Many employee engagement initiatives fail not because of poor design, but due to ineffective communication with employees. Nor is this confined to specific initiatives; any business wanting to increase engagement needs to make sure they have a suitable means of communicating with employees.
In theory this has been made easier by a number of developments in recent years, notably social media platforms, with employers developing their own internal channels to share information and allow employees to interact with each other in a way that is not possible with top-down communications.
Enabling the flow of communication
Tony Nicholls, managing consultant at White Stone OD, says one advantage of this is it can bypass the reliance on middle managers, who often fail to cascade messages down the organisation.
“It allows planned internal communications to flow around organisations in a way that mirrors how unplanned, organic communications naturally occur and spread,” he says. Yammer is the most popular channel, although data-sharing platforms such as Sharepoint are popular among particular groups of employees.
Organisations need to reflect the diverse demographics of their employee population and think about how people engage with technology outside the workplace
Havas Media Group is currently looking at introducing a social media element to its internal communications. “Organisations need to reflect the diverse demographics of their employee population and think about how people engage with technology outside the workplace through Twitter, Snapchat and Facebook,” says Darren Minshall, UK group chief talent officer at Havas Media. “An internal communications strategy needs to be implemented to build on these methods of communication, not just create new ones.”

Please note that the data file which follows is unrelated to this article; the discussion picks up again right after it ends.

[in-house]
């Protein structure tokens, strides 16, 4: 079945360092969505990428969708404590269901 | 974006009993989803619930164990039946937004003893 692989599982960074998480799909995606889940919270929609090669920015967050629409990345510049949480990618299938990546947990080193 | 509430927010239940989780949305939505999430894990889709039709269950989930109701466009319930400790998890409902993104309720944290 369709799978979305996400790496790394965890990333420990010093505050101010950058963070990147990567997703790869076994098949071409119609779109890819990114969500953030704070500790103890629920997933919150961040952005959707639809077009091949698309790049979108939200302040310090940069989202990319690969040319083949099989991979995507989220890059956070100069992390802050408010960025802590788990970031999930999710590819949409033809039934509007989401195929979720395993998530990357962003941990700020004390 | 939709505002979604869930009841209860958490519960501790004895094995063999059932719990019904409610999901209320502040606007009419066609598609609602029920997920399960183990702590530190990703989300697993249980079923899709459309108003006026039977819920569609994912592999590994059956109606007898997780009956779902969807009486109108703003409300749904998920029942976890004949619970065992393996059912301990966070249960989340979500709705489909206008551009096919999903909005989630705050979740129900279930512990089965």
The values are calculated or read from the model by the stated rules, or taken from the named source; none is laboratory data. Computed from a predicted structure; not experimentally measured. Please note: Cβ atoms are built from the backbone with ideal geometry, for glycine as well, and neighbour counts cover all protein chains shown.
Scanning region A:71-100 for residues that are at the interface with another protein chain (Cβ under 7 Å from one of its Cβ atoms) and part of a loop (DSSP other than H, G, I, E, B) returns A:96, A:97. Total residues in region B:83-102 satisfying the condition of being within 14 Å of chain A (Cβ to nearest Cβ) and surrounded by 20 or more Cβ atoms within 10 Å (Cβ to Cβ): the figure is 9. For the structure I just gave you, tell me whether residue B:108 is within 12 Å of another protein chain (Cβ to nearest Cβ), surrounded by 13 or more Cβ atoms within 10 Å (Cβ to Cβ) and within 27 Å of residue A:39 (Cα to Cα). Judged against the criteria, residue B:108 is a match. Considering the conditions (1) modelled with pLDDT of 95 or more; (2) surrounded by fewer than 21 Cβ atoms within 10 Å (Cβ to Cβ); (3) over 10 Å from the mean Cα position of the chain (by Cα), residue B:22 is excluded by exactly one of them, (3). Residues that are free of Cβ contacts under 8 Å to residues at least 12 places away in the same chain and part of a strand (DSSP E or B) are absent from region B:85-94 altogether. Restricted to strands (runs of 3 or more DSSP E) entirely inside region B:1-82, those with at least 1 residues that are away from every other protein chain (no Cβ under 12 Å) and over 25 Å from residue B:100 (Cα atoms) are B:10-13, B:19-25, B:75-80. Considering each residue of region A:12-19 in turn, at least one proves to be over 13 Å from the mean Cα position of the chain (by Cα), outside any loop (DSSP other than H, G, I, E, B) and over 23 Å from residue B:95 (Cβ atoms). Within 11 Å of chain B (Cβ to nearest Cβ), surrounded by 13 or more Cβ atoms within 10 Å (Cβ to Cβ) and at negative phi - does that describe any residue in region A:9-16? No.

The use of social media can be something of a double-edged sword, however, warns Chris Barrington, managing director of employee communication agency blue goose. “These platforms have enabled employees to communicate, and access each other – and information – easily and whenever and wherever they want,” he says. “Information now flows through many channels that the organisation cannot control.”